The Road to Gettysburg, as my Civil War ancestor saw it

Today is the 156th anniversary of the first day of the Battle of Gettysburg.

For the 11th Massachusetts Infantry, the pursuit of the Confederate Army of Northern Virginia during its invasion of the North began on June 11th, 1863.  The regiment had been making plans to celebrate the anniversary of its muster into Federal service on June 13th.  Early in the afternoon a large group of the 11th’s officers were playing a baseball game against the officers of the 26th Pennsylvania, one of the other regiments in the brigade, when marching orders were received.  By 1:30 the regiment was assembled with knapsacks and began marching.  The weather was already brutally hot.

The following morning, June 12th, many soldiers discarded their overcoats and extra blankets, and yet many soldiers still fell out by the side of the road on the march.  Less than a third of Humphrey’s division made it into camp that night.  After guarding Kelly’s Ford on the Rappahannock River during the day on the 13th, the regiment started marching again on the evening of the 14th until after 7 AM the following morning.  After a 90 minute rest, the 11th moved out again and kept marching until after midnight.  At this point the 11th and the other regiments of its brigade were stuck behind the wagon train belonging to their division, and orders from one of their generals made sure that no one stopped to rest in the shade of the forests that they marched past.  One officer of the 11th even accused one of their generals of ordering the dry leaves in the woods set on fire, in order to keep the men out of the woods.  Between the heat of the sun and the smoke in the woods, less than a quarter of the division made it into camp that evening.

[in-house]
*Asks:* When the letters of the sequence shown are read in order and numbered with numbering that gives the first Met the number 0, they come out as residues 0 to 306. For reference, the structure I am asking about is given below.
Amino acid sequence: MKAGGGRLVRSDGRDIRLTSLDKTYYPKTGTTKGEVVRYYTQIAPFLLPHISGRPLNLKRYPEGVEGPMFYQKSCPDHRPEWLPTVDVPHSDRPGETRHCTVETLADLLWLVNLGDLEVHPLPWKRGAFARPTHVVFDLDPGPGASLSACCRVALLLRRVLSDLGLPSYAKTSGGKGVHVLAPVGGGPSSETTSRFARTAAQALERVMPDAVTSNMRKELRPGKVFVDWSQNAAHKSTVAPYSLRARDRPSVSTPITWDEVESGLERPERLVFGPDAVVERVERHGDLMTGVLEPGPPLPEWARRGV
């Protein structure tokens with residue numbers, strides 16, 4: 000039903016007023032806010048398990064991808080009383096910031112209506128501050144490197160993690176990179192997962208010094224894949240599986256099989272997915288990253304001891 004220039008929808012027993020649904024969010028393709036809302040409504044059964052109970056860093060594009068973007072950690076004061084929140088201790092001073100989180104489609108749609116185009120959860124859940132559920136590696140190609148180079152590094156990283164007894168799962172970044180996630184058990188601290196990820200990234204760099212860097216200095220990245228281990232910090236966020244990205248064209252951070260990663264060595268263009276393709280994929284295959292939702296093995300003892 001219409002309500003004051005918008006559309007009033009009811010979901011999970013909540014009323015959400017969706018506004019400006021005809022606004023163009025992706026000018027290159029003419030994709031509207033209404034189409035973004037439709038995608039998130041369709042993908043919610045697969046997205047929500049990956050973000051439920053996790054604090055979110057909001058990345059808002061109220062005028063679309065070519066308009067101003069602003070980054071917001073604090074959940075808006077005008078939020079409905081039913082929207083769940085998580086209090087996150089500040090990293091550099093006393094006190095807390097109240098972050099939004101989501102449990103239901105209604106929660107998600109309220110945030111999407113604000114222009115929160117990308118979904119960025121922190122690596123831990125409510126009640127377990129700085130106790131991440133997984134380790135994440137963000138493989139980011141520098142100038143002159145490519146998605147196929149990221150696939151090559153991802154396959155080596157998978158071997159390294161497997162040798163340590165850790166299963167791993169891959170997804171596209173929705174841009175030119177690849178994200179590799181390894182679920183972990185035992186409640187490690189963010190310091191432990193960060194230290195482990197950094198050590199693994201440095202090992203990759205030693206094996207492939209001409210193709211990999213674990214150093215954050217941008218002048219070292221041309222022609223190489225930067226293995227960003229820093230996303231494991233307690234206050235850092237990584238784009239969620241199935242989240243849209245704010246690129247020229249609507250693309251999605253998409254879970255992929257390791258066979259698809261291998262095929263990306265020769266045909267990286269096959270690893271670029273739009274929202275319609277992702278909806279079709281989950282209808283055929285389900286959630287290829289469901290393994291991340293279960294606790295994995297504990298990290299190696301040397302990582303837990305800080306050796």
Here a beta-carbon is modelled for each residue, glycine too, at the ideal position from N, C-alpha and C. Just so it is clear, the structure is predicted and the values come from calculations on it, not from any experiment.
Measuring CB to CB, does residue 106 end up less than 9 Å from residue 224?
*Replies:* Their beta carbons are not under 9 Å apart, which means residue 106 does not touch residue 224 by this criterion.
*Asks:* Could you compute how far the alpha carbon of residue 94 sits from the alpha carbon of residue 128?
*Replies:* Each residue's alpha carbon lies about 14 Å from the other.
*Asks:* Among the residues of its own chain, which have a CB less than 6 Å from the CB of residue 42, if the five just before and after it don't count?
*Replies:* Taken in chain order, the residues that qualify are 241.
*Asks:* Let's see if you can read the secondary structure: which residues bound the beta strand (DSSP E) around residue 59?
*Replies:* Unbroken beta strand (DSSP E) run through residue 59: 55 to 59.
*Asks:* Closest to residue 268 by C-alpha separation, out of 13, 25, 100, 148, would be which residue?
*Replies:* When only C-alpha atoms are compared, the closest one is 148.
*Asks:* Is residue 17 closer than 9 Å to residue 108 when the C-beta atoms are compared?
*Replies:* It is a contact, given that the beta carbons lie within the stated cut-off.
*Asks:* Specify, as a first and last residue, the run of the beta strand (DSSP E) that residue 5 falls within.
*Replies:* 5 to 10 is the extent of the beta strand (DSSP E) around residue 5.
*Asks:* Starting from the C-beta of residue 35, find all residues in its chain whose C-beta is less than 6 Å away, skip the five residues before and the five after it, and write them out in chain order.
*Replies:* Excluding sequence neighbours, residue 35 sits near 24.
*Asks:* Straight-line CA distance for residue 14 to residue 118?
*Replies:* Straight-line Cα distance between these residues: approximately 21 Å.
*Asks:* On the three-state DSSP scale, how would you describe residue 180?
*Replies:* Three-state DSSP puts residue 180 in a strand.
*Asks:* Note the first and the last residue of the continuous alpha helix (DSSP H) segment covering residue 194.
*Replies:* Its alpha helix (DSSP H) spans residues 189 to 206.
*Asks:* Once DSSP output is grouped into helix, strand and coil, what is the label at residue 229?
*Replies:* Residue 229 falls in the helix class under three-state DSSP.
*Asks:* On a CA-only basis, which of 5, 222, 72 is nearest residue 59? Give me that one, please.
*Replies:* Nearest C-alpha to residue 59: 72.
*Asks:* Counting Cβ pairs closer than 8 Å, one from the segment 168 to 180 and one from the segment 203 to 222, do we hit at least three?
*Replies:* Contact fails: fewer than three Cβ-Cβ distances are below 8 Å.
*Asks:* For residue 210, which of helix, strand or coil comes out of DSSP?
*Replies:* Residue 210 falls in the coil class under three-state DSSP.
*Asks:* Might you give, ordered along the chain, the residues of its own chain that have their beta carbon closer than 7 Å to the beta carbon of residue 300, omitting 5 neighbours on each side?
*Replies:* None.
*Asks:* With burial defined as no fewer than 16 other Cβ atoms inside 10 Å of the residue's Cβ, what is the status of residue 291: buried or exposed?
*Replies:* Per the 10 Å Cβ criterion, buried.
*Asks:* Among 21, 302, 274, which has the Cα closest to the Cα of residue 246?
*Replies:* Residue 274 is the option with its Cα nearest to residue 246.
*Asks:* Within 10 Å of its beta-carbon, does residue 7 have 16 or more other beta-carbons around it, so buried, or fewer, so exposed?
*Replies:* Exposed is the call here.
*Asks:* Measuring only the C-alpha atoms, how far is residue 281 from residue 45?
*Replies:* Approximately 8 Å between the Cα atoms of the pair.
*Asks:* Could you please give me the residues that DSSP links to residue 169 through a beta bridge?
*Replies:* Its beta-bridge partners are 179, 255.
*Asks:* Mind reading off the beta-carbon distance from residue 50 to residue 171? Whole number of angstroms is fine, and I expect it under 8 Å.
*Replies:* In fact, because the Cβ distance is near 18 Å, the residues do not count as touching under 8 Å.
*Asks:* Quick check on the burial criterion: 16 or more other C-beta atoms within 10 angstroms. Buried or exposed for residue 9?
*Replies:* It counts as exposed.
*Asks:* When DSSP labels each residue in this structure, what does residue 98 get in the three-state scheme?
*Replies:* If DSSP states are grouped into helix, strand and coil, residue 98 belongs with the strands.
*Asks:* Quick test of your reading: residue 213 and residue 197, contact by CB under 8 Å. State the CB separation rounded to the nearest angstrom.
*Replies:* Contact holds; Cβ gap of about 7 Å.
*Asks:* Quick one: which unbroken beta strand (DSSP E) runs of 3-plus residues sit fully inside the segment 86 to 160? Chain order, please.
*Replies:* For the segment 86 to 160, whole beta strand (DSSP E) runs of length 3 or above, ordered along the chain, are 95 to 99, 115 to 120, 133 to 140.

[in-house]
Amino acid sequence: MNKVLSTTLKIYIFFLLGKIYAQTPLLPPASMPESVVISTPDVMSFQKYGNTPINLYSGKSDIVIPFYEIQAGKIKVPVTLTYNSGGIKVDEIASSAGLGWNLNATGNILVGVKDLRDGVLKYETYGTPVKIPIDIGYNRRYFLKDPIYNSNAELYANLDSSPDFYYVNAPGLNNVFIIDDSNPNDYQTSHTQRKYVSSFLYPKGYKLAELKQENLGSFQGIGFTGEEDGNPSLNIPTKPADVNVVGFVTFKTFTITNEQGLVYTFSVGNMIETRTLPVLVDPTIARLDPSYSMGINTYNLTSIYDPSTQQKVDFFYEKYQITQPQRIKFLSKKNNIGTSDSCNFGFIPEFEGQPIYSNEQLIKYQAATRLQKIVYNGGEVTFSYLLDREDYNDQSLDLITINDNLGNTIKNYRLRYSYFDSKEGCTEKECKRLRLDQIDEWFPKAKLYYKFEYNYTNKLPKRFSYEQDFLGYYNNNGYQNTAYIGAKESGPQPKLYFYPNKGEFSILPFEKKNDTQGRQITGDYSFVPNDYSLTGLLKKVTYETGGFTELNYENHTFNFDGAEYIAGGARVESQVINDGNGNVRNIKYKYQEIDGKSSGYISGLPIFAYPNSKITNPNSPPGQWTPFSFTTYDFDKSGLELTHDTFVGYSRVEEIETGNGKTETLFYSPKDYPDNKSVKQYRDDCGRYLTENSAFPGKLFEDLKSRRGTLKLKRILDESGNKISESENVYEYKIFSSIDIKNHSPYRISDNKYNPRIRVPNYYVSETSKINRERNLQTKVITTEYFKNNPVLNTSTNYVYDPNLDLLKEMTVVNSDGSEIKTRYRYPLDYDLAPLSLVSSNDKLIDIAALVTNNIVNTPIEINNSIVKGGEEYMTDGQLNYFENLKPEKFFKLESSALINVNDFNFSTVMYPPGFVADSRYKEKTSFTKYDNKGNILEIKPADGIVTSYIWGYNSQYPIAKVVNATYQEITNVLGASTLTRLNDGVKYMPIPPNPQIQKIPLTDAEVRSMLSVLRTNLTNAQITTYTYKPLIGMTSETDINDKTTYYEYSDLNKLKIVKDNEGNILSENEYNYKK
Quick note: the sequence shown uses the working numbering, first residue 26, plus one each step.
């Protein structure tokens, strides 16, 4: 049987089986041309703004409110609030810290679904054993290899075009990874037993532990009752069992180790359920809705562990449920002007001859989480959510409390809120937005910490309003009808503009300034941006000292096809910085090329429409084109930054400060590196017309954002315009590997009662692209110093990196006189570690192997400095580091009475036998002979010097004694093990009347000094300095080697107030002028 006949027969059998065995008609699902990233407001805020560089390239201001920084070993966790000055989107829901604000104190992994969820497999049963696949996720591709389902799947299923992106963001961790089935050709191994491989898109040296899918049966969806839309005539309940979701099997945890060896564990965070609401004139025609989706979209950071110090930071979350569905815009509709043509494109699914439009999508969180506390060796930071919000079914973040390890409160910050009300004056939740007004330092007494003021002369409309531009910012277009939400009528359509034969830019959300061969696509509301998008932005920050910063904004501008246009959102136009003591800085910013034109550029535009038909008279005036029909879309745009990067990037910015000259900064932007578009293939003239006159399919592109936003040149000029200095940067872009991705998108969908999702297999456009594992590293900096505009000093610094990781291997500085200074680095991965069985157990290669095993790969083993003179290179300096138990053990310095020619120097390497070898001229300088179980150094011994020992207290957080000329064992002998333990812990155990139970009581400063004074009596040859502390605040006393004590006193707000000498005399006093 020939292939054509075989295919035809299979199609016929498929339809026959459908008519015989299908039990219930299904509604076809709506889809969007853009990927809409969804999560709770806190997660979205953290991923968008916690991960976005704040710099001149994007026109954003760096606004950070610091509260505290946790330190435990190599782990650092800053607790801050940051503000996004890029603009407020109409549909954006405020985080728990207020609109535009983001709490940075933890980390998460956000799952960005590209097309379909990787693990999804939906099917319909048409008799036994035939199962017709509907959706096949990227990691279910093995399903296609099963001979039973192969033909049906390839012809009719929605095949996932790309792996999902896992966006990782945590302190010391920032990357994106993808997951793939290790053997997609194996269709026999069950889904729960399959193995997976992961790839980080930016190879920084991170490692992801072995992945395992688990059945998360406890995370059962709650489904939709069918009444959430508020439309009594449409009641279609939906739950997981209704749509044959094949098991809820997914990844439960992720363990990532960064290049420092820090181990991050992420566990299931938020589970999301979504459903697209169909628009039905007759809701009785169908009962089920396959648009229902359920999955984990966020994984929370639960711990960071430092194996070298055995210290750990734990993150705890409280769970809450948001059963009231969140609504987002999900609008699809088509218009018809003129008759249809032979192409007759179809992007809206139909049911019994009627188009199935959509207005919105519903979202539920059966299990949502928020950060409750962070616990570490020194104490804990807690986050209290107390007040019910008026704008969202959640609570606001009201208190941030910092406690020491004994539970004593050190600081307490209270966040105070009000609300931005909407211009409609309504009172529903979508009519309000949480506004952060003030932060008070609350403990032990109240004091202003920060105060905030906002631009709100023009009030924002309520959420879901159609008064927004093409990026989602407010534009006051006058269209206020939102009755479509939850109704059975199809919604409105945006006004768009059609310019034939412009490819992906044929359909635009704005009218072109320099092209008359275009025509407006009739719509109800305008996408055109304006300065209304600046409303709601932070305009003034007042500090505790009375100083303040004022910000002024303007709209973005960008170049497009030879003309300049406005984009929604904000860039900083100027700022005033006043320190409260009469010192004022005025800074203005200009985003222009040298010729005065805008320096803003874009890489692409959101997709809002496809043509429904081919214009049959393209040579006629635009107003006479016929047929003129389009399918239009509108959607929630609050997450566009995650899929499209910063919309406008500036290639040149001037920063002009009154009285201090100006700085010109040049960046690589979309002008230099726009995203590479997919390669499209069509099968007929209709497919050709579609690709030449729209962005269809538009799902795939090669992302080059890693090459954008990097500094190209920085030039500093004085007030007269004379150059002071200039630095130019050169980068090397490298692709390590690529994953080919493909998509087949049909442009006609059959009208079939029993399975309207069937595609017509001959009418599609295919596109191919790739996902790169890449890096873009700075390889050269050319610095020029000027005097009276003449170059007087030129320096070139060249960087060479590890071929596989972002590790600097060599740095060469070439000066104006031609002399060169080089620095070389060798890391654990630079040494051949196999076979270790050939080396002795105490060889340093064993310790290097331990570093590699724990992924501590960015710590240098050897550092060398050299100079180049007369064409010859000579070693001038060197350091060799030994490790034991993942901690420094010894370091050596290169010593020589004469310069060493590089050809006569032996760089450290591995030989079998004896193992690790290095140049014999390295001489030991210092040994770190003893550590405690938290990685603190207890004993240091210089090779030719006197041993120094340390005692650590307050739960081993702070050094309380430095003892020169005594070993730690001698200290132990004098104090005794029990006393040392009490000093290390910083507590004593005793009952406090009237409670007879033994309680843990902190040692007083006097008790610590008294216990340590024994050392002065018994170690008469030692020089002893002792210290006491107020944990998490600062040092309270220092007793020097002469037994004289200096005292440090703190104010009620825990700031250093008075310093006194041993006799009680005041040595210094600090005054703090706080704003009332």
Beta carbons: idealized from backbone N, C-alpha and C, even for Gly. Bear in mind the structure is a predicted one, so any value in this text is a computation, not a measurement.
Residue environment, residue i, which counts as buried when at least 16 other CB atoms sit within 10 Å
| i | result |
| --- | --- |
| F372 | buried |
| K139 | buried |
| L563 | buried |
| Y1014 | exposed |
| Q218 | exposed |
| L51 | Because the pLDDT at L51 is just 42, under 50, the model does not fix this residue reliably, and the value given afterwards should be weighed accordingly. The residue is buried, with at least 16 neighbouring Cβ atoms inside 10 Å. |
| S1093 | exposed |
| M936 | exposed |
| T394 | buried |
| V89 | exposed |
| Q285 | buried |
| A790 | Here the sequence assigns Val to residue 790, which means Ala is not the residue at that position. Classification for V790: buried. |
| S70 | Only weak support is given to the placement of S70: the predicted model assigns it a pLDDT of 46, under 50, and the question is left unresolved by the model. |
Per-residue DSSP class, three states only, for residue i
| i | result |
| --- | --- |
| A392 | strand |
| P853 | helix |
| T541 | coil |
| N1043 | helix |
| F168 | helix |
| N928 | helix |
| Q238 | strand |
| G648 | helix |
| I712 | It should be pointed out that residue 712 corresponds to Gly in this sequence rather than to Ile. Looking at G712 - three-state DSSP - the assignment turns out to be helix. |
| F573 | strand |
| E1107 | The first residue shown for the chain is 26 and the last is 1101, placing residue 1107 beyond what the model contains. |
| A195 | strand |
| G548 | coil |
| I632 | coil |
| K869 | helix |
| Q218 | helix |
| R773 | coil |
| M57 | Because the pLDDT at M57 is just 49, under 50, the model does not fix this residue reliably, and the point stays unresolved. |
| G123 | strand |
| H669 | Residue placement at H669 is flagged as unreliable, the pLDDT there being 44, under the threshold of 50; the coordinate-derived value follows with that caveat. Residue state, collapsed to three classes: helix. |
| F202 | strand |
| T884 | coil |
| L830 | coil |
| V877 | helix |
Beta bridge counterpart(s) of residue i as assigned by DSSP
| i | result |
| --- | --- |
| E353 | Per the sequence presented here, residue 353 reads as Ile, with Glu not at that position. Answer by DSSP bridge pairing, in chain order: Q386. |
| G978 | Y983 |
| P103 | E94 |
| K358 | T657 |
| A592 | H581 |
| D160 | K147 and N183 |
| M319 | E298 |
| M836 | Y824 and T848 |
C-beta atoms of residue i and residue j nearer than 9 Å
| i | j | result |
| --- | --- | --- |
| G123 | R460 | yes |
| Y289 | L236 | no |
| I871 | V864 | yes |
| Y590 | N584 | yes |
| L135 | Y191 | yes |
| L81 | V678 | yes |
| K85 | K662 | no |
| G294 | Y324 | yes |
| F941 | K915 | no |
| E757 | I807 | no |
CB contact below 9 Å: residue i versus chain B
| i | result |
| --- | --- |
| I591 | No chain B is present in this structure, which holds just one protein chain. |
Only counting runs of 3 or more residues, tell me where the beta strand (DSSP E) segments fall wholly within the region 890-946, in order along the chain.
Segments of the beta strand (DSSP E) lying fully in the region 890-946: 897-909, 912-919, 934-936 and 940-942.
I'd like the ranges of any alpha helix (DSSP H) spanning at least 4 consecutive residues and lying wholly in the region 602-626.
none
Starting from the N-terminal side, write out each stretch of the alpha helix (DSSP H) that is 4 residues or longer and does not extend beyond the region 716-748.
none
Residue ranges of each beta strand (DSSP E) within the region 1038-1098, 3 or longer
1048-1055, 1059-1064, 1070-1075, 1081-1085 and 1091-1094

Marches like this continued for the rest of June, until the 30th, when they crossed the Potomac River and entered Maryland.  The following day, July 1st, the division entered Pennsylvania as a summer storm poured rain down upon them.  Far ahead cannon could be heard as cavalry under General John Buford fought the Confederate advance for control of the town of Gettysburg.  While marching along a group of captured Confederates passed, under guard, heading in the opposite direction.  Some of the men called out to the Confederates, saying things like “How are you, Johnny Reb?”  “How are you, blue-belly?” was the reply.  When the brigade crossed the boundary between Maryland and Pennsylvania, the band began to play “Home Sweet Home” and the 26th Pennsylvania broke out in cheers.

A friendly African-American warned the troops that the Confederates were ahead, but was ignored by the generals and the march continued.  By 10 PM that evening a Confederate picket who had been trying to fill his canteen was captured, and the division, realizing they were about to march into Confederate lines, ended up turning around and marching back about three miles, until it took another road that led to the rest of the Third Corps at around 2:30 AM on July 2nd.

During the course of the entire Gettysburg campaign, from June 11th to August 1st, 1863, the 11th Massachusetts marched about 410 miles altogether.

And because I think it’s awesome, here’s a clip of what that might have looked like, courtesy of the 20th Maine from the movie Gettysburg.

I will continue tomorrow with what happened to the 11th Massachusetts on July 2nd.

~Geoff

 

 

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